On Thursday 11 July 2013, at 5.05 am local time (2.05 am, GMT), the United States Geological Survey recorded a Magnitude 5.0 Earthquake at a depth of 16.3 km beneath the Gulf of Aden, which separates Yemen from Somalia. This was followed by a second quake of similar size slightly after 12.45 pm local time (slightly after 9.45 am, GMT). Neither of these quakes is likely to have caused any damage or casualties, indeed they were sufficiently far offshore that it is highly unlikely that anybody noticed them.
The approximate location of the 11 July 2013 Gulf of Aden quakes. Google Maps.
The Red Sea and Gulf of Aden are underlain be areas of rifting where a spreading boundary between two tectonic plates, the African Plate and the Arabian, where new oceanic crust is being formed. Arabia was formerly part of the African Plate, but split away about 30 million years ago. The Great Rift Valley of Africa is a continuation of this rift, that is slowly splitting Africa in two from the north to the south.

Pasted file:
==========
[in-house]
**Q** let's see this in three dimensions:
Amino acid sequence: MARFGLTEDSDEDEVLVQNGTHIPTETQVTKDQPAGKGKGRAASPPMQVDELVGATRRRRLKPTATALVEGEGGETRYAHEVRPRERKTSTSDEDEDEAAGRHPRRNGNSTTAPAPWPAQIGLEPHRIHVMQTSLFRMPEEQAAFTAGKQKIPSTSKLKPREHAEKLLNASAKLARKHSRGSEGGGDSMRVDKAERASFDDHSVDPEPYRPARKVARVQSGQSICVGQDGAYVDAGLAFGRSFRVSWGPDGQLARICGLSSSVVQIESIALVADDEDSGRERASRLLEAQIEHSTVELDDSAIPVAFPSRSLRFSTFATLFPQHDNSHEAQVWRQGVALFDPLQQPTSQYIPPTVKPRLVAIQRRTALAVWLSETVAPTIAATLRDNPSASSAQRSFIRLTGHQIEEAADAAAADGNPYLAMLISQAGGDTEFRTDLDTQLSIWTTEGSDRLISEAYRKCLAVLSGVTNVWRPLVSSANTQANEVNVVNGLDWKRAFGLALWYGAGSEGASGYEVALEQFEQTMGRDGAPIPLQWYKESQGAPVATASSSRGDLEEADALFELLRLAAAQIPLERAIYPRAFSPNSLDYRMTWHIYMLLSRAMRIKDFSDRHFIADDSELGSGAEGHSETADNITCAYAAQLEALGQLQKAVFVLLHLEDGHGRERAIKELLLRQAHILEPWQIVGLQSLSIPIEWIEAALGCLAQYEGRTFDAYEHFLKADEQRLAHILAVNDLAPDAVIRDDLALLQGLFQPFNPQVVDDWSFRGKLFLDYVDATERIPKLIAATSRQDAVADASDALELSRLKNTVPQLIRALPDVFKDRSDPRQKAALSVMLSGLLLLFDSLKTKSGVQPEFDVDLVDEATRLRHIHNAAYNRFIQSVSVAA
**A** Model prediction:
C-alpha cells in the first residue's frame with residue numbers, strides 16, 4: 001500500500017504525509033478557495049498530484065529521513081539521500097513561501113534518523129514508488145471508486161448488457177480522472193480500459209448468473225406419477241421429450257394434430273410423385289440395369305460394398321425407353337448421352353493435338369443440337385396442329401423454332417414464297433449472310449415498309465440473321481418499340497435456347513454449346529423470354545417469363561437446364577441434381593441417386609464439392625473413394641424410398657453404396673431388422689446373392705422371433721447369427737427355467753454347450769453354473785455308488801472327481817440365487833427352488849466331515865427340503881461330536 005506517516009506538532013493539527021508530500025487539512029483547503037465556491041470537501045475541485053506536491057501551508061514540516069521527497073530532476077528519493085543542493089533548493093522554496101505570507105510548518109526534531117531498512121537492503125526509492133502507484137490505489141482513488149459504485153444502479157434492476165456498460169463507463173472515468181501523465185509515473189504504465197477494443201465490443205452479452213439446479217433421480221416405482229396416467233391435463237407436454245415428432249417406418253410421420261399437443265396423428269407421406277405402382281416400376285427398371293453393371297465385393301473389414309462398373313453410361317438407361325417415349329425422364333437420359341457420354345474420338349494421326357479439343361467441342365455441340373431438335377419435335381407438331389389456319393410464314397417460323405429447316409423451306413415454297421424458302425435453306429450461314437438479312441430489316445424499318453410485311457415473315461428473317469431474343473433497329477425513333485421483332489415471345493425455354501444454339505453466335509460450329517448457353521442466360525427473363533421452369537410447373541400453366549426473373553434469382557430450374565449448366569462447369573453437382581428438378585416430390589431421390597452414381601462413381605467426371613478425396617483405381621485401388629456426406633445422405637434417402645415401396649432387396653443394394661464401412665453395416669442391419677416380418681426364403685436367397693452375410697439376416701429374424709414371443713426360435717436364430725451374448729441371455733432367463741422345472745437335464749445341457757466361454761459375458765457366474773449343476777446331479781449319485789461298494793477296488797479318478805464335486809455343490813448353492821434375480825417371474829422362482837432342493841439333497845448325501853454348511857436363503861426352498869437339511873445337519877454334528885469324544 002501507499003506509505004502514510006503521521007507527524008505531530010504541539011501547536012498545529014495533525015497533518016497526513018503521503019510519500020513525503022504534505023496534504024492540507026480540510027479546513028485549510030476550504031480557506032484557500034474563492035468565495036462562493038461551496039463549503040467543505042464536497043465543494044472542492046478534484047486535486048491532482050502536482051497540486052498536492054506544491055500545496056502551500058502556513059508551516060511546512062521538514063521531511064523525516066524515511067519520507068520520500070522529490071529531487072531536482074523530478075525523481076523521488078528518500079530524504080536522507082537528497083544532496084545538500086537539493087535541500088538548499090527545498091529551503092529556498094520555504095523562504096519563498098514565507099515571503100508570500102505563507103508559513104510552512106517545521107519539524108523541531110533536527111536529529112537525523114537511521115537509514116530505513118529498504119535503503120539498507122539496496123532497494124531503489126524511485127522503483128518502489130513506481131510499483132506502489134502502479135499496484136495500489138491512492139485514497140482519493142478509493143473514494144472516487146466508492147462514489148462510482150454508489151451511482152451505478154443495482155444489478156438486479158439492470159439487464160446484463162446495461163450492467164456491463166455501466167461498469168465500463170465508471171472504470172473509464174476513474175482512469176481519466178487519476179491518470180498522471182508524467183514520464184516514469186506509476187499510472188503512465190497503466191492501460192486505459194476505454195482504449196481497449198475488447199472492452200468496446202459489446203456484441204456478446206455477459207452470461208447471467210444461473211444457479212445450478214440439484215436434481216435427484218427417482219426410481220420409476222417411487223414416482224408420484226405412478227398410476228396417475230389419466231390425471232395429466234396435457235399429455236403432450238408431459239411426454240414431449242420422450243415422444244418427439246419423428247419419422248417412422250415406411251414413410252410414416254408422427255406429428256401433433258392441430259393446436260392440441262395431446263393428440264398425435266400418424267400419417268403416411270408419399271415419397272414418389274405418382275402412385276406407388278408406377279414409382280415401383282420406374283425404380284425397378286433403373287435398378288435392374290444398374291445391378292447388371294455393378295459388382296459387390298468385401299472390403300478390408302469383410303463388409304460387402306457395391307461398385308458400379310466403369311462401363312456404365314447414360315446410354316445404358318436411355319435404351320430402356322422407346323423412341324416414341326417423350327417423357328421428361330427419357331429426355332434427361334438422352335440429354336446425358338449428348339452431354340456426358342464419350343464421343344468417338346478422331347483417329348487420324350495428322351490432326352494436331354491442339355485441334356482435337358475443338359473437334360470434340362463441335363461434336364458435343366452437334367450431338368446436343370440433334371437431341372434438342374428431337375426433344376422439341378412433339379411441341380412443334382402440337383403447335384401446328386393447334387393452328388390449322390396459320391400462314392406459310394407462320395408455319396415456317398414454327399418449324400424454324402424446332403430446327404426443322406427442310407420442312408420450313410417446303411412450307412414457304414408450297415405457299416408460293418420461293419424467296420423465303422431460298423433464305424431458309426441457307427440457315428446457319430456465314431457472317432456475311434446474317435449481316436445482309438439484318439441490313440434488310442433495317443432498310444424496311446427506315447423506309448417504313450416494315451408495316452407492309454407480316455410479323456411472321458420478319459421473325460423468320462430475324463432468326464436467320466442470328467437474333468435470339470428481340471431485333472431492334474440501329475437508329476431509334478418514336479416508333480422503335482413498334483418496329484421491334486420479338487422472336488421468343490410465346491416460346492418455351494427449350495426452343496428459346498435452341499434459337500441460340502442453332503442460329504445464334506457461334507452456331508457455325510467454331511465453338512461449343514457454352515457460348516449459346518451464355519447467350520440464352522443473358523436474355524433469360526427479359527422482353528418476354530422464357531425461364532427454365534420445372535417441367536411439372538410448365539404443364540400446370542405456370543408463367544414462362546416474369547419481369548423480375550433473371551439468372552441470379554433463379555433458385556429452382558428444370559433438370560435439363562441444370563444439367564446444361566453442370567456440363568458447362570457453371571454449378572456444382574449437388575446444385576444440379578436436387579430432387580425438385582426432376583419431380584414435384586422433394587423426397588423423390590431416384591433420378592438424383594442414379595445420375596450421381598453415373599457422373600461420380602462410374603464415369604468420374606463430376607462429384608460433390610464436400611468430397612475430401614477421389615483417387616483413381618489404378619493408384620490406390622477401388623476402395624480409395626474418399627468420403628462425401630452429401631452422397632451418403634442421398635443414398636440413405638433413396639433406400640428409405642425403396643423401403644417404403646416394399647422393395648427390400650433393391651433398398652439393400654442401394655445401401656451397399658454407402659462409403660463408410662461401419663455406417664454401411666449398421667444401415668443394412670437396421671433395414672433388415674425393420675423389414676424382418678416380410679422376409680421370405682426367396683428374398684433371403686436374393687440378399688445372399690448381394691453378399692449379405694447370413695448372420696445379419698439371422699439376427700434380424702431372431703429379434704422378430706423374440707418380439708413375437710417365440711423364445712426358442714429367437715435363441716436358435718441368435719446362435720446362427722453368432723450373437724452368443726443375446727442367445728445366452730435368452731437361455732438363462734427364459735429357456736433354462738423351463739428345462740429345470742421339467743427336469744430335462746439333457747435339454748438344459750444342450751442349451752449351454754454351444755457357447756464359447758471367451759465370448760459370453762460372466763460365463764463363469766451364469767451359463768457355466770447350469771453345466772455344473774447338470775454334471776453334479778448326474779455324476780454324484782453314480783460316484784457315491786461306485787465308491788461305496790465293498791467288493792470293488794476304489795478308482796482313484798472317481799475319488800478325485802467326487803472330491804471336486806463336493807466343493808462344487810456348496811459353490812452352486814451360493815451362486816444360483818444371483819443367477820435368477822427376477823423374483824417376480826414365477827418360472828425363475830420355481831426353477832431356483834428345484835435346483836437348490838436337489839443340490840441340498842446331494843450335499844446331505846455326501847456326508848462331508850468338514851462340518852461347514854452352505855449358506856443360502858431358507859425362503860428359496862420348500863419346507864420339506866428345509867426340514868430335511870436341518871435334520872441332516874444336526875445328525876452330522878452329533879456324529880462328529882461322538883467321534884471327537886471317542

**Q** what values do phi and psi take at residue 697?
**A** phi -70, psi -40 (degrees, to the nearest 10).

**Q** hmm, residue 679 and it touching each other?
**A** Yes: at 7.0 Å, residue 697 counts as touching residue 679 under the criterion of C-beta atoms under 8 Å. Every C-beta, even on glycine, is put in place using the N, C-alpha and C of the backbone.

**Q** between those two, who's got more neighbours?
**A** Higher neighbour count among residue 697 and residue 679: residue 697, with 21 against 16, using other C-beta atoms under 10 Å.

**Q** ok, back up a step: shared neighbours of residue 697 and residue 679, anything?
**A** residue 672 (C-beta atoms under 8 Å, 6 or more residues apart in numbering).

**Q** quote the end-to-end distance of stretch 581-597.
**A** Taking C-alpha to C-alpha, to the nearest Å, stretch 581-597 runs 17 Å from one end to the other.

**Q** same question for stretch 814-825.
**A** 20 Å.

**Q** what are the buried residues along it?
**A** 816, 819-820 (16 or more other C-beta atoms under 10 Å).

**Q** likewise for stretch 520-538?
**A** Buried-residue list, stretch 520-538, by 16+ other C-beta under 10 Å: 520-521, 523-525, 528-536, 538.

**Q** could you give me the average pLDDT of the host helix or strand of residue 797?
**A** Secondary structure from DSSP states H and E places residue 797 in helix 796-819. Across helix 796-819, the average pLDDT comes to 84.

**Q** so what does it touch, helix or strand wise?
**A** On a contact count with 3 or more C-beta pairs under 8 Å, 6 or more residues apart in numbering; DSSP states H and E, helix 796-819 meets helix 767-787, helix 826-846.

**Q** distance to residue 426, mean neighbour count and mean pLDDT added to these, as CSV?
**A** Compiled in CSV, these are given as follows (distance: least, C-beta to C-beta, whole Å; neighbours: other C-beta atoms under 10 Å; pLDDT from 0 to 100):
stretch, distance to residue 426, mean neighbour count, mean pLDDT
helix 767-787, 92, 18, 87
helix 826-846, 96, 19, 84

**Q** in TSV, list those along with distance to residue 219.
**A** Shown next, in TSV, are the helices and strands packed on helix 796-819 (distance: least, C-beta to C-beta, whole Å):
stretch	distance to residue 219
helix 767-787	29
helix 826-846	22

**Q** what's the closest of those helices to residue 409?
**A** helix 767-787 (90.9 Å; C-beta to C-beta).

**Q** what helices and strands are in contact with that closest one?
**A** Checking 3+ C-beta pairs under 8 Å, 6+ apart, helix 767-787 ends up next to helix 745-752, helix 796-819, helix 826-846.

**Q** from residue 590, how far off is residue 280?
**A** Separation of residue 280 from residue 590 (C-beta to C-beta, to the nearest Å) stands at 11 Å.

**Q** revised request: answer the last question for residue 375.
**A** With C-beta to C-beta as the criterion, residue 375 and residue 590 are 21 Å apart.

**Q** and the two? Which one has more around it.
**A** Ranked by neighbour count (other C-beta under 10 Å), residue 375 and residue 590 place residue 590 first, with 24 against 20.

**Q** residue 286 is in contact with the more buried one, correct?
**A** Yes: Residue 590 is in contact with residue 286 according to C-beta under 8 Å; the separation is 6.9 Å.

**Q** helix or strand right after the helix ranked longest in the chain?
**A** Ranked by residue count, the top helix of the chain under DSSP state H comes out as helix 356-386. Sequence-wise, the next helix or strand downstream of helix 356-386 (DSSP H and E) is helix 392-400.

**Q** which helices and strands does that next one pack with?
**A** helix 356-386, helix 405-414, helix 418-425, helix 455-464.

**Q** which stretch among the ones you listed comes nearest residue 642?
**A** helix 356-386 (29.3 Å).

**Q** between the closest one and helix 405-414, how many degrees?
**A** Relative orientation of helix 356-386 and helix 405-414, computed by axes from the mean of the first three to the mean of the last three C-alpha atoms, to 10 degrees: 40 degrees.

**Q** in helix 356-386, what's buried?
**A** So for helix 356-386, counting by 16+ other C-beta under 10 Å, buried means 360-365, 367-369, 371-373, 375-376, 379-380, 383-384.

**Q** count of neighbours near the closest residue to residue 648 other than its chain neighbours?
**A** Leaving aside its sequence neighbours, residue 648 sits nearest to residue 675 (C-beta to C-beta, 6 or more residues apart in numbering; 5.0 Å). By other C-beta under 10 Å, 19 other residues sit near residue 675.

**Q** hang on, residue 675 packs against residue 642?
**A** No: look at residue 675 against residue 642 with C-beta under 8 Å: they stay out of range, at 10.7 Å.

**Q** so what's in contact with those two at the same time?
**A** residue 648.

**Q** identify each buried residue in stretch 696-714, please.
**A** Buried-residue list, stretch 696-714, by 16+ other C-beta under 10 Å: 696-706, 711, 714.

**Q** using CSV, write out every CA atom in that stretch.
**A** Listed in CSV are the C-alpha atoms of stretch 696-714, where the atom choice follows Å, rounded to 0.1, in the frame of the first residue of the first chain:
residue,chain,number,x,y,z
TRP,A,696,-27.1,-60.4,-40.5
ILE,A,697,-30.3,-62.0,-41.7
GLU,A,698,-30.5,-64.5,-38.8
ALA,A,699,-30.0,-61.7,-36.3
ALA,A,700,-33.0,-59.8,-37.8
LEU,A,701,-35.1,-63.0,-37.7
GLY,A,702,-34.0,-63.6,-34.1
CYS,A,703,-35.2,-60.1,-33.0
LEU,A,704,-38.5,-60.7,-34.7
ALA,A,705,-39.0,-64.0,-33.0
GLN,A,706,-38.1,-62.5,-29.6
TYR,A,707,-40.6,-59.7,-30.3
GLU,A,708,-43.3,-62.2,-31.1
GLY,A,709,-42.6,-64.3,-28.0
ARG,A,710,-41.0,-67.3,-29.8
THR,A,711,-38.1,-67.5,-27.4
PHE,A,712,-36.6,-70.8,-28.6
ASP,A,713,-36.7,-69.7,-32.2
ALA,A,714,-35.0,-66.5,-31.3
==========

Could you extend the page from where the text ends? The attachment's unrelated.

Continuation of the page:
Areas of rifting beneath and around the Gulf of Aden. Afar Rift Consortium.
See also Earthquake beneath the Red Sea, The magma chamber beneath the Erta Ale Volcano, Tourists attacked on Erte Ale volcano, Eruption in the Zubair Archiapelago, in the southern Red Sea and Eruptions on Mount Nabro, Eritrea.
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